Scottish "call me British" driver David Coulthard will stop competing in Formula One at the end of this season. The Red Bull driver, who posted his most recent podium finish at this year's Canadian Grand Prix, announced ahead of Sunday's British...
Scottish "call me British" driver David Coulthard will stop competing in Formula One at the end of this season. The Red Bull driver, who posted his most recent podium finish at this year's Canadian Grand Prix, announced ahead of Sunday's British Grand Prix that he will continue his contribution to the energy drink-owned F1 team.
"I will remain actively involved in the sport as a consultant to Red Bull Racing, focusing on testing and development of the cars," Coulthard said. "I have an open mind as to whether or not I will compete again in the future, in some other form of motorsport, so I am definitely not hanging up my helmet."
Coulthard, 37, of Twynholm, Dumfries and Galloway, said he made his decision earlier this year. He said he wanted to finish racing while competitive and "enjoying the challenge." He said he seeks new challenges within the sport.
"The decision to make this announcement at the British GP should be an obvious one for all to understand, as I have achieved two of my 13 F1 victories at Silverstone, and I am a member of the British Racing Drivers' Club, which hosts this event," Coulthard said.
Coulthard has enjoyed racing at non-F1 events when the chances have arisen, including the famous 24 Hours of Le Mans in 1993 when he, John Nielsen and David Brabham drove the TWR Jaguar Racing Jaguar XJ220 C home to a 15th overall position, placing first in Class C4. Coulthard has also received invitations for the Race of Champions and has run in the Goodwood Festival of Speed several times over his racing career.
Besides winning 13 races, Coulthard has led 60 races, placed on 62 podiums, earned 12 pole positions, set 18 fastest laps, started 236 grands prix, and scored 533 points, the most by a British driver. Coulthard won the 1999 and 2000 British Grands Prix while driving for McLaren Mercedes. His best world championship run came with the British team in 2001 when he finished second to Michael Schumacher of Ferrari. He finished third in the drivers' race in 1995, 1997 and 2000. In addition to Silverstone, Coulthard won in Monaco (twice), Australia (twice), Brazil, Austria, Belgium, Italy, France, San Marino and Portugal, where he won his first F1 race.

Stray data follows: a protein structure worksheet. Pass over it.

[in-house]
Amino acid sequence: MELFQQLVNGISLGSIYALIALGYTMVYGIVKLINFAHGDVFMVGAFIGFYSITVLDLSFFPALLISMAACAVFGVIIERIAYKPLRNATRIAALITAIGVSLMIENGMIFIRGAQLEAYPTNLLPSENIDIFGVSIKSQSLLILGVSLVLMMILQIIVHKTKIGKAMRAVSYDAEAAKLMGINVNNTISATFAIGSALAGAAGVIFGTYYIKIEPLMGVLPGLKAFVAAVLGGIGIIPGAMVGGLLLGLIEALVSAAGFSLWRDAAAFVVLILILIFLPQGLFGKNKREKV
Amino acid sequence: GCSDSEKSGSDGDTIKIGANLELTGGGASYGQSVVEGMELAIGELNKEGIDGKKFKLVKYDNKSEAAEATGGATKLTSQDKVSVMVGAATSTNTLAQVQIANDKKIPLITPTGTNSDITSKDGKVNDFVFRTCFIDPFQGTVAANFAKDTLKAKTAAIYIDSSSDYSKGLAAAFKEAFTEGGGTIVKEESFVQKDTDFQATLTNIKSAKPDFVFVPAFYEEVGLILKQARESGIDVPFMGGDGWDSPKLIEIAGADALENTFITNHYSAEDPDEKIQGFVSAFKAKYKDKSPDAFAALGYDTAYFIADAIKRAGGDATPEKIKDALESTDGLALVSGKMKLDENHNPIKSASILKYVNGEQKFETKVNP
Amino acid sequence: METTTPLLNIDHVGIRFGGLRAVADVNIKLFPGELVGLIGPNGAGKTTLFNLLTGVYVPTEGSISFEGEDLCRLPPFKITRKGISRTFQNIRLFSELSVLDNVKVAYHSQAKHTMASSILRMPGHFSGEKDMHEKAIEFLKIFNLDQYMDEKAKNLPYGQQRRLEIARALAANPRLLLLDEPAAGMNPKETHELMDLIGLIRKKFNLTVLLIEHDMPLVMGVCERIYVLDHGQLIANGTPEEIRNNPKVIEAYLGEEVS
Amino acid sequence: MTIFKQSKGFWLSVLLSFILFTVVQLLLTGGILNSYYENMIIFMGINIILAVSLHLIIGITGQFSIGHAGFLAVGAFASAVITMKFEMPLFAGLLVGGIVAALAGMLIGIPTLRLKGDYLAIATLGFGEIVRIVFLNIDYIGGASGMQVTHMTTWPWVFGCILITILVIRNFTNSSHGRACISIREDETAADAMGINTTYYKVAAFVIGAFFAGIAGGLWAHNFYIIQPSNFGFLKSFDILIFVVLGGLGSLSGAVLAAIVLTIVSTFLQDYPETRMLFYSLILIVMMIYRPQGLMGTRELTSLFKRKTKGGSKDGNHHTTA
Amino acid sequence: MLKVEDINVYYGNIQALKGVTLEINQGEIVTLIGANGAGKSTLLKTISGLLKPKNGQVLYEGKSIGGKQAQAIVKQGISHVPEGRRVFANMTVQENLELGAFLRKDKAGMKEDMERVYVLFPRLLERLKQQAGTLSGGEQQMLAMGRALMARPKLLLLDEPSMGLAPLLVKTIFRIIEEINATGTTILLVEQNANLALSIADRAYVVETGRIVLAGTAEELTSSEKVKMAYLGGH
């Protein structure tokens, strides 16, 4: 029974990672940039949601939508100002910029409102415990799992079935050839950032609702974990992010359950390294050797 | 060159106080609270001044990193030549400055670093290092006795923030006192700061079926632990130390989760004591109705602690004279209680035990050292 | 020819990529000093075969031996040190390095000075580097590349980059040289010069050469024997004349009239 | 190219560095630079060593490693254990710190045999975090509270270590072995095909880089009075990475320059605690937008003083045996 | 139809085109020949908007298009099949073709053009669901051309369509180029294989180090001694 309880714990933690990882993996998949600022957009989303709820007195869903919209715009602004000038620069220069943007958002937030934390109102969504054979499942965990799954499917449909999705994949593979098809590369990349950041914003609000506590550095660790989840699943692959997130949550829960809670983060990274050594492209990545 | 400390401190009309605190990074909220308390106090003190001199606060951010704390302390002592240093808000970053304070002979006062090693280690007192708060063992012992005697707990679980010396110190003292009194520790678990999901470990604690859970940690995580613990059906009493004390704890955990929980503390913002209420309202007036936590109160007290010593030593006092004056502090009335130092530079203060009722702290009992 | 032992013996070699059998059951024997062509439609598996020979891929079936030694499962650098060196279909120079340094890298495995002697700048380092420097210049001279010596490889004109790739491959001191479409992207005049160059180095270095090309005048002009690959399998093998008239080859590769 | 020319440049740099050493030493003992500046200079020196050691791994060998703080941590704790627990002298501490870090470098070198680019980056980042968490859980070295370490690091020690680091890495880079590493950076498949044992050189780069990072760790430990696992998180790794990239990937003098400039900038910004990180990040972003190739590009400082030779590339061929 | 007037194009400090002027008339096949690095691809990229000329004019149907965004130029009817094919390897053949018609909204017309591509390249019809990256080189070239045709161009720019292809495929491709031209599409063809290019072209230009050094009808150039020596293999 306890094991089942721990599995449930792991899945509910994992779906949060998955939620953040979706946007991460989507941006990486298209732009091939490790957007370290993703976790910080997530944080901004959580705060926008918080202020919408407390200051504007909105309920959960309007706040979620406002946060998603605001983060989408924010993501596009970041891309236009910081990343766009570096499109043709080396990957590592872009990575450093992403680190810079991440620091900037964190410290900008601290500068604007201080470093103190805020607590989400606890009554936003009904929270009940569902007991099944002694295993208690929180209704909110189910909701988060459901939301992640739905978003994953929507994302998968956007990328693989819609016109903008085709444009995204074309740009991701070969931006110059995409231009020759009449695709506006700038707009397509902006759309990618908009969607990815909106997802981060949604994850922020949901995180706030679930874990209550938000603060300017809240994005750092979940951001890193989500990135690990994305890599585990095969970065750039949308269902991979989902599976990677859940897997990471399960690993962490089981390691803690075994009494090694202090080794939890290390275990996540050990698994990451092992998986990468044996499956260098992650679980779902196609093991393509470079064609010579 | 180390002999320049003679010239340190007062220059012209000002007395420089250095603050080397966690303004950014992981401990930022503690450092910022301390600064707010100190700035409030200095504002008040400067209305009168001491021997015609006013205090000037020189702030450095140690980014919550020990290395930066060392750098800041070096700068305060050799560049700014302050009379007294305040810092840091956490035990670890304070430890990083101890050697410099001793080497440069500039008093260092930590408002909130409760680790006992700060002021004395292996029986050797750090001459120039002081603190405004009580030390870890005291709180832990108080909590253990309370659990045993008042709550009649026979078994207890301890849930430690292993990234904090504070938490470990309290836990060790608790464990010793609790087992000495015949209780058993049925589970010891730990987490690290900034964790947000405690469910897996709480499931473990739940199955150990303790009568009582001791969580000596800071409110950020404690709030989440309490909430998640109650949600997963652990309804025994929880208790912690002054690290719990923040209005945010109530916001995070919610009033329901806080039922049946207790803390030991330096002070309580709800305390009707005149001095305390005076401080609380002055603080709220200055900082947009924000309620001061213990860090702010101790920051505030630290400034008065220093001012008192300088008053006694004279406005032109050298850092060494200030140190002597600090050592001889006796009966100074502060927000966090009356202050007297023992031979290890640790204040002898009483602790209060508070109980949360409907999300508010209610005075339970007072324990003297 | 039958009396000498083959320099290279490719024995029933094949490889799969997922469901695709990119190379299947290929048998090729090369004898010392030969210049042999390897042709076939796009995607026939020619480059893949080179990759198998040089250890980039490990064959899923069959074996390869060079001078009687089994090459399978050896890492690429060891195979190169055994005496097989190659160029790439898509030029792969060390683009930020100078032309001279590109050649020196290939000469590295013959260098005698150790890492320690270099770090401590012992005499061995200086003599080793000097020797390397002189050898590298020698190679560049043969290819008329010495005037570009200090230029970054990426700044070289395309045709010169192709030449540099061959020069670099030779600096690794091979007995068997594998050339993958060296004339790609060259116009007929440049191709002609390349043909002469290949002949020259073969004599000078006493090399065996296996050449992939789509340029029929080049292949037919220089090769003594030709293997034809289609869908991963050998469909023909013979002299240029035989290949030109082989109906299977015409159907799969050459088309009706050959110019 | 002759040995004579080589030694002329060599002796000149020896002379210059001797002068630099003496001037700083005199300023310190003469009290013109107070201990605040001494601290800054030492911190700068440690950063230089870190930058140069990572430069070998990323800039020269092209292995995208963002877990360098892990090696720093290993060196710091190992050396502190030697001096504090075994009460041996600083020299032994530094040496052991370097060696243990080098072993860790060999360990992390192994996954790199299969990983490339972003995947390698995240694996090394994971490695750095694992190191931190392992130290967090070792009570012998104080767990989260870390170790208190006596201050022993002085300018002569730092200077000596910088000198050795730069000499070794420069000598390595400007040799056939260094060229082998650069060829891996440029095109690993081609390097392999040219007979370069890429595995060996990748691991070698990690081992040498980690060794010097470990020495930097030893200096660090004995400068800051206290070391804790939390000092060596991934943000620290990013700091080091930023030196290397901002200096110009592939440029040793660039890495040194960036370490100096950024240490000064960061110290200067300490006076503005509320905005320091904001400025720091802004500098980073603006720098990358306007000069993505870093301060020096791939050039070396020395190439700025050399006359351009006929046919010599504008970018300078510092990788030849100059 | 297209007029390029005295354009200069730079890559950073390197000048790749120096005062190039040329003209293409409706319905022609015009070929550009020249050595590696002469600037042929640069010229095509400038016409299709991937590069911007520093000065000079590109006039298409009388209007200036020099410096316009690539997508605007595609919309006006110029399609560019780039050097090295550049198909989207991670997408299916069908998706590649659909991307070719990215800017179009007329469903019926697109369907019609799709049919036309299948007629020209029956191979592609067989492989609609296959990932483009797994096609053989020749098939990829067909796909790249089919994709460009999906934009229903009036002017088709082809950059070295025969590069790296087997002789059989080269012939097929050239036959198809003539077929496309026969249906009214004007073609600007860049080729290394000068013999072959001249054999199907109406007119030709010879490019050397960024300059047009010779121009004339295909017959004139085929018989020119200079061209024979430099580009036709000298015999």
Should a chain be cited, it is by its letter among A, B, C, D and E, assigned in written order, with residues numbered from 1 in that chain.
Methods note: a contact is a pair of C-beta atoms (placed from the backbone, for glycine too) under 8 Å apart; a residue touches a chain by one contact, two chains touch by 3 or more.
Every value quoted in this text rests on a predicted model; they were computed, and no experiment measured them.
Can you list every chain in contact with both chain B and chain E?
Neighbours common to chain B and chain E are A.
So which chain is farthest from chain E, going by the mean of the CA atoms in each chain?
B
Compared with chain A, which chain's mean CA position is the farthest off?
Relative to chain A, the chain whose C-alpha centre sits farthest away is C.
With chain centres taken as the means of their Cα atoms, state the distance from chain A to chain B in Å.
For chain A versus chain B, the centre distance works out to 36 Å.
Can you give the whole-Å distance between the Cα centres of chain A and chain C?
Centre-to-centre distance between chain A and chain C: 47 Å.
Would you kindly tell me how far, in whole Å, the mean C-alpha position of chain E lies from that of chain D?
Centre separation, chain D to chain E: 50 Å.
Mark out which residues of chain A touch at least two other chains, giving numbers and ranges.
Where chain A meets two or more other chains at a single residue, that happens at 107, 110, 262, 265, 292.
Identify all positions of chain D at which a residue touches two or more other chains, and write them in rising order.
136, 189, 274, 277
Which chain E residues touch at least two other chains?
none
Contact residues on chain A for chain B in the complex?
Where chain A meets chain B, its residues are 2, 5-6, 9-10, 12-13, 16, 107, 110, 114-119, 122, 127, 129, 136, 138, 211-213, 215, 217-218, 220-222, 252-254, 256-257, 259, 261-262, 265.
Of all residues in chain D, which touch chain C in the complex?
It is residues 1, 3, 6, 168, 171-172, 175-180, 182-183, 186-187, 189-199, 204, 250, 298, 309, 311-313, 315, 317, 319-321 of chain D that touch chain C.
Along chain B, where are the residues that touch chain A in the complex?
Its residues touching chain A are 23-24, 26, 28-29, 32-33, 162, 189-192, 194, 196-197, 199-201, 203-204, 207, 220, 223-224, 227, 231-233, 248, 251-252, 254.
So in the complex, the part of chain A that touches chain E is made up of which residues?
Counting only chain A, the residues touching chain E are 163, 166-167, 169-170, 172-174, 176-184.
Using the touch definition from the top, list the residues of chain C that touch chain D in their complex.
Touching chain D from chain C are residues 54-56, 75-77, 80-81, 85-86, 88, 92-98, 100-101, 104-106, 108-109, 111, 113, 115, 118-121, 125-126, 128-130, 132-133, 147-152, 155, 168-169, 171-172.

Coulthard was a test driver for Williams when he was moved into a race seat after the death at the San Marino Grand Prix of Ayrton Senna in 1994. His first race victory for the team was at the Portuguese Grand Prix in 1995. He moved to McLaren in 1996, where he was overshadowed by the team's double world champion-to-be Mika Hakkinen, who won titles at McLaren in 1998 and 1999. In the 1997 Spanish GP, Coulthard was told to give his race lead and potential victory to Hakkinen. Coulthard suffered with the FIA's introduction in 2003 of single-lap qualifying. Rumors of Coulthard's retirement in 2004 were met with his move to Red Bull.
In 2000, Coulthard, then-girlfriend Heidi Wichlinksi and personal trainer and bodyguard Andy Matthews survived the crash in the south of France of a borrowed Learjet that killed the pilot and co-pilot.
Coulthard said he owed his racing success to many people. He singled out his parents, Dave Boyce, his karting coach; David Leslie Sr. and David Leslie Jr., who, he said, taught him to race and set up a race car; Sir Jackie Stewart and his son Paul Stewart, for whom he raced through lower formulae; Sir Frank Williams, who promoted him from test driver after the death in 1994 of Ayrton Senna; Ron Dennis and Norbert Haug, for whom he raced at McLaren Mercedes; Christian Horner and Helmut Marko, for whom he races at Red Bull; Bernie Ecclestone, whose series-managing skills provided lucrative opportunity for racers; Martin Brundle and David Cawthorne as well as Annette Hutchinson and Iain Cunningham, who serve as his management team, and Adrian Newey, who designed the cars Coulthard drove at all three teams that employed him.